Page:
Guitar (again): Direction of strumming

Via Shift-P I can input “strum up” and “strum down”. When I do that, e.g. strum down, I get an arrow pointing south. Shouldn’t it rather point north, since the strumming down is done from the low pitched to the high strings, hence in the notation from the low to the high notes – upwards?

I’m used to seeing it that way in my literature…

I know there’s something cooking reg. Dorico 3 and guitar notation (maybe), but I’d also like to hear from others. Or is this command not intended for use with guitar notation at all?

I would read an arrow pointing south as “strum down” (and I write it that way - no guitarist yet complained), but as always conventions differ a lot.

In classical guitar notation the upward pointing arrow indicates a strum from low note to high note, just as if the notation included the notes (strum down). The opposite for a downward pointing arrow.

The strum indication, like an arpeggio indication is always read in the direction in which the pitches will sound. It just happen (as a coincidence) that on the guitar, the strumming is - geographically speaking - an up and down motion. However, an up arrow means low to high, in terms of pitch, and vice versa. Otherwise, if we were being consistent, then arpeggios on the keyboard would be horizontal, with an arrow to indicate if the roll is up or down; but we don’t do that. Thankfully.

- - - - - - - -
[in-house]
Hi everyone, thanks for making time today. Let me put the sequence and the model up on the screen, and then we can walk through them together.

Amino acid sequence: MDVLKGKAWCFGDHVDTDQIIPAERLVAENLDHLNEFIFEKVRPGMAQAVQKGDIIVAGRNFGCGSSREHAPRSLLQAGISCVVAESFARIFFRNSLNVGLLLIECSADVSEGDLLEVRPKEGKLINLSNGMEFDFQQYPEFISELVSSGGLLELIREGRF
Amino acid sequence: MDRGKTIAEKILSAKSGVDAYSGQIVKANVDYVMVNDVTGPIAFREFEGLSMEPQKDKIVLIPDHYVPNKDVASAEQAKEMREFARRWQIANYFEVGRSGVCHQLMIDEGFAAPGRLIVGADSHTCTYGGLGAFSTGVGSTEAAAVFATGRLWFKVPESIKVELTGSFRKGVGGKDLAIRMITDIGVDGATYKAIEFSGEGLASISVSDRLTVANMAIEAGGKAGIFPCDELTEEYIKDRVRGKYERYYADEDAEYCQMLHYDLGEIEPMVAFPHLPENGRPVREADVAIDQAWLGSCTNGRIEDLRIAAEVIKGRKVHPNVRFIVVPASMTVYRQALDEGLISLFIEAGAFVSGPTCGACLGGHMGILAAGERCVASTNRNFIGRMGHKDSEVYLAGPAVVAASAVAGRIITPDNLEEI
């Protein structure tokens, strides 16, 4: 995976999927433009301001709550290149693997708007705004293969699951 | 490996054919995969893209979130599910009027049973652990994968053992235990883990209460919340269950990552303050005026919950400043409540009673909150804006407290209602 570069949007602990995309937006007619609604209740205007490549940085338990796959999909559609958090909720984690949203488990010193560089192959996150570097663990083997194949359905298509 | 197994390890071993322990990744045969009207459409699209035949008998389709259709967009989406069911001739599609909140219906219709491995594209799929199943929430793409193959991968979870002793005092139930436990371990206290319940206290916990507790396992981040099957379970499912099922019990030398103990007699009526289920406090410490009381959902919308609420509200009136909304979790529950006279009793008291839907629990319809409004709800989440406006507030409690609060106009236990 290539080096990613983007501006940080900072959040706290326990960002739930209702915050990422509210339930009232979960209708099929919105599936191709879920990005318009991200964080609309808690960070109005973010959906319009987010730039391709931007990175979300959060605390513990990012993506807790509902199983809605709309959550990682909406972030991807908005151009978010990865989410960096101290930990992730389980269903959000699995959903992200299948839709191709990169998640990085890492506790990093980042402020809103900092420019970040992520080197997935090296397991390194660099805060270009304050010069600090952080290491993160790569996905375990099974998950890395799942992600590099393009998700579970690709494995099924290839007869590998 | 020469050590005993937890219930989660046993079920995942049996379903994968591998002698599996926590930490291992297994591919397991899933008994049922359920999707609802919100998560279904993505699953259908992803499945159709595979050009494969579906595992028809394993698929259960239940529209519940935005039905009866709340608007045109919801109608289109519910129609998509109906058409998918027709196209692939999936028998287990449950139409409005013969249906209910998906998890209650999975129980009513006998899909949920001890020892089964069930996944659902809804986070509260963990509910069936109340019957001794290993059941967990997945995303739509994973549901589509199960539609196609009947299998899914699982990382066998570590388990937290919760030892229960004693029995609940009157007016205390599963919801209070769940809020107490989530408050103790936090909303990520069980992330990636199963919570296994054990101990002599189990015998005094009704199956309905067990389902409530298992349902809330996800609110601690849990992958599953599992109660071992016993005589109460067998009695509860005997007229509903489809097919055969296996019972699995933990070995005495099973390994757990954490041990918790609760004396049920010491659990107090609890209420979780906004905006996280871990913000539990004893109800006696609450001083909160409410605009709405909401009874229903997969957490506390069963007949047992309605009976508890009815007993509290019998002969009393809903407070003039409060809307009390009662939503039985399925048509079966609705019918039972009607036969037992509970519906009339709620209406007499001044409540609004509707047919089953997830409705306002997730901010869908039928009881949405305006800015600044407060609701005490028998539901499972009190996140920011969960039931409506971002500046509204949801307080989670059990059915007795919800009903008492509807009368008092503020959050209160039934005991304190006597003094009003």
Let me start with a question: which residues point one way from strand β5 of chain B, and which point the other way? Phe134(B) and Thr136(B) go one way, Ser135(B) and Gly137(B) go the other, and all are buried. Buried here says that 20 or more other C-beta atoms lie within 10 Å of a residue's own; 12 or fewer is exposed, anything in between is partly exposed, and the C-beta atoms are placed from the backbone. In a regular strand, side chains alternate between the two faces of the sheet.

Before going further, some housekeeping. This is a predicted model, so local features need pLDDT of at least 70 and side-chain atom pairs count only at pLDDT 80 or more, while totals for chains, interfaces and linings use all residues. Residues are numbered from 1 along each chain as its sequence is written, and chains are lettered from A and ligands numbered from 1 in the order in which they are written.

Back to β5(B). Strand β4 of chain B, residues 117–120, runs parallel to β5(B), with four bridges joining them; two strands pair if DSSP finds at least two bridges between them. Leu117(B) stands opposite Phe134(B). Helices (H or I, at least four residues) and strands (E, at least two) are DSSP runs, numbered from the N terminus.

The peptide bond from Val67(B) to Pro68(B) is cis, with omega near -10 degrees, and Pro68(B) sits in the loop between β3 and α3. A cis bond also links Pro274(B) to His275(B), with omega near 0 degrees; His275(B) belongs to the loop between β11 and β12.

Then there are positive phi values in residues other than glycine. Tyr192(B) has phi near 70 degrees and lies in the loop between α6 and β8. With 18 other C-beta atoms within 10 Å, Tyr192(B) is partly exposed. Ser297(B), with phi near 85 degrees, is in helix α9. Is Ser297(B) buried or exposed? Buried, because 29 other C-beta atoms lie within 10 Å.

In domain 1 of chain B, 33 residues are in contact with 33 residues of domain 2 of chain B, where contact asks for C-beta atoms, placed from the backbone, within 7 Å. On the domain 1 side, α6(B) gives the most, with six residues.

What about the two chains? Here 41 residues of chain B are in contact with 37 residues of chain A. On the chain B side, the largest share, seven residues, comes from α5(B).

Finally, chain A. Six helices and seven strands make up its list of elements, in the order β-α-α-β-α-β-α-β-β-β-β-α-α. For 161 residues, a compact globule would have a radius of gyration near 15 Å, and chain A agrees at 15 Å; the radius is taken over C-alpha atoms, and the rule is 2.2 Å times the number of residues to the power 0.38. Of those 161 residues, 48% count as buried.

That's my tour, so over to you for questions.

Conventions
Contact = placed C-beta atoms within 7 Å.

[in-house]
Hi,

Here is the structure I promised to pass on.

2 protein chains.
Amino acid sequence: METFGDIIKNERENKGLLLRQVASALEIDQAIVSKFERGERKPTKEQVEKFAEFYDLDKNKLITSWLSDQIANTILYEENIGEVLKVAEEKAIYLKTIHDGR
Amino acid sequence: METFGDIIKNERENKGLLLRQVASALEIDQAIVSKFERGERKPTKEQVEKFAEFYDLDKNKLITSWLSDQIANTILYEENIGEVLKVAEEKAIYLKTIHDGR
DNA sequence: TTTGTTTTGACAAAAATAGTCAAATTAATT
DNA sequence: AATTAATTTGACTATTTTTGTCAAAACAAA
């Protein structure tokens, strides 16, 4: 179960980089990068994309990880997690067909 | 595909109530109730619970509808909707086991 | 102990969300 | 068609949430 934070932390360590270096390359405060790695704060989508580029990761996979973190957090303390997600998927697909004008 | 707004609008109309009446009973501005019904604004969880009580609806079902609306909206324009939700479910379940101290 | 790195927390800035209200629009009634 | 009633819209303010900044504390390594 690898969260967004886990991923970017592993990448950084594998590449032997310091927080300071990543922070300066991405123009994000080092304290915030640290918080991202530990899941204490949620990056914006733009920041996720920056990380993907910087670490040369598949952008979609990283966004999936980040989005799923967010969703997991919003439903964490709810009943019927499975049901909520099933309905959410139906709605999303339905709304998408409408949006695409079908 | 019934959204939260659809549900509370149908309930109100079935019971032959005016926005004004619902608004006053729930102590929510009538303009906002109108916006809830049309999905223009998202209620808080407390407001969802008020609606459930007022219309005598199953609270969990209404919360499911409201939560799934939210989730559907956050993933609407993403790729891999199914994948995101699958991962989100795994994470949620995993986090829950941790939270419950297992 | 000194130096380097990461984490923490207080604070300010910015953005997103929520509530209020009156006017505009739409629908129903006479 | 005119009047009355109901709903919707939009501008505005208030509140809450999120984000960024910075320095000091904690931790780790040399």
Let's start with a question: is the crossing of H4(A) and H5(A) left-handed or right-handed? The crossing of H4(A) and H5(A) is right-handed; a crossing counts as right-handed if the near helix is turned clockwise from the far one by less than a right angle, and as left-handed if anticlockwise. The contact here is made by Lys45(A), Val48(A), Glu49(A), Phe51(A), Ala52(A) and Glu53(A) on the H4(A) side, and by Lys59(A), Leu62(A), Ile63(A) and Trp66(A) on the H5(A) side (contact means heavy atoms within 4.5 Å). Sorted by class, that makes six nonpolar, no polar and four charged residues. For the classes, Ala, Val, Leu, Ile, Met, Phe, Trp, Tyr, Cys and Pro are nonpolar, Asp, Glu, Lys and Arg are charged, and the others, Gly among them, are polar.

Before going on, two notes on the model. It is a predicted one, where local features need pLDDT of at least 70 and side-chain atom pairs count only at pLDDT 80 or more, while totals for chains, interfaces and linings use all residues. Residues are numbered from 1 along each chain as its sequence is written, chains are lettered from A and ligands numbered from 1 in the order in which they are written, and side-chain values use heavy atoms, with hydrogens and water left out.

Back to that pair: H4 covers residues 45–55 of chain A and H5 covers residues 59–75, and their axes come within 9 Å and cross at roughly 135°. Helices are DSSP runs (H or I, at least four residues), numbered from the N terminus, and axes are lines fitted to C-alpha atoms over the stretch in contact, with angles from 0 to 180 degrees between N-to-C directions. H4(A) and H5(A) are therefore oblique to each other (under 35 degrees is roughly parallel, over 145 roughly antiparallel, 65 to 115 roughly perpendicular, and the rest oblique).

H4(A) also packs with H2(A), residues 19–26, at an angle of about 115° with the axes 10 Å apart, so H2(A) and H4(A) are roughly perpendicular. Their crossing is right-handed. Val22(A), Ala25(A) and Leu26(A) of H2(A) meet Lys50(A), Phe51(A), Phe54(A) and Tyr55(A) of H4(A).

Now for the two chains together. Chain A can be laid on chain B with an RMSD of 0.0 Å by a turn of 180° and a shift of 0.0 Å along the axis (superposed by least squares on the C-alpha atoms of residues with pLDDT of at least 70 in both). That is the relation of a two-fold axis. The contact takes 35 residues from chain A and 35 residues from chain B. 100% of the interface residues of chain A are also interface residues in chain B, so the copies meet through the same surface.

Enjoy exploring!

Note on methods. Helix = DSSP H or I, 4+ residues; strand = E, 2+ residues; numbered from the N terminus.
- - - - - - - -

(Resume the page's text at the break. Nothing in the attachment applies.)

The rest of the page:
The use of the word “always” in your sentence is just plain wrong, as a simple Google Image Search for “guitar strum up down” will show…

Should there be a different notation for left handed guitar players? It’s not politically correct to discriminate against them by marking all the strums in the wrong direction :unamused:

I thought left handed guitarists string the instrument backwards so the low string is still on the top… but with all the variant ways these instruments can be tuned, how could there be a standard outside of absolute pitch movement ?

Yes, perhaps “always” is the wrong word; I should never use it… I was referring to classical guitar, and should have indicated it as such.

“Real” left handed guitars are built with the bracing and the nut reversed (mirrored) so that the bass strings are still the uppermost strings. There are, however guitarist that play right handed guitars left handed, where the strings are reversed. If interested, look at the amazing guitar work of Elizabeth Cotton playing “Freight Train”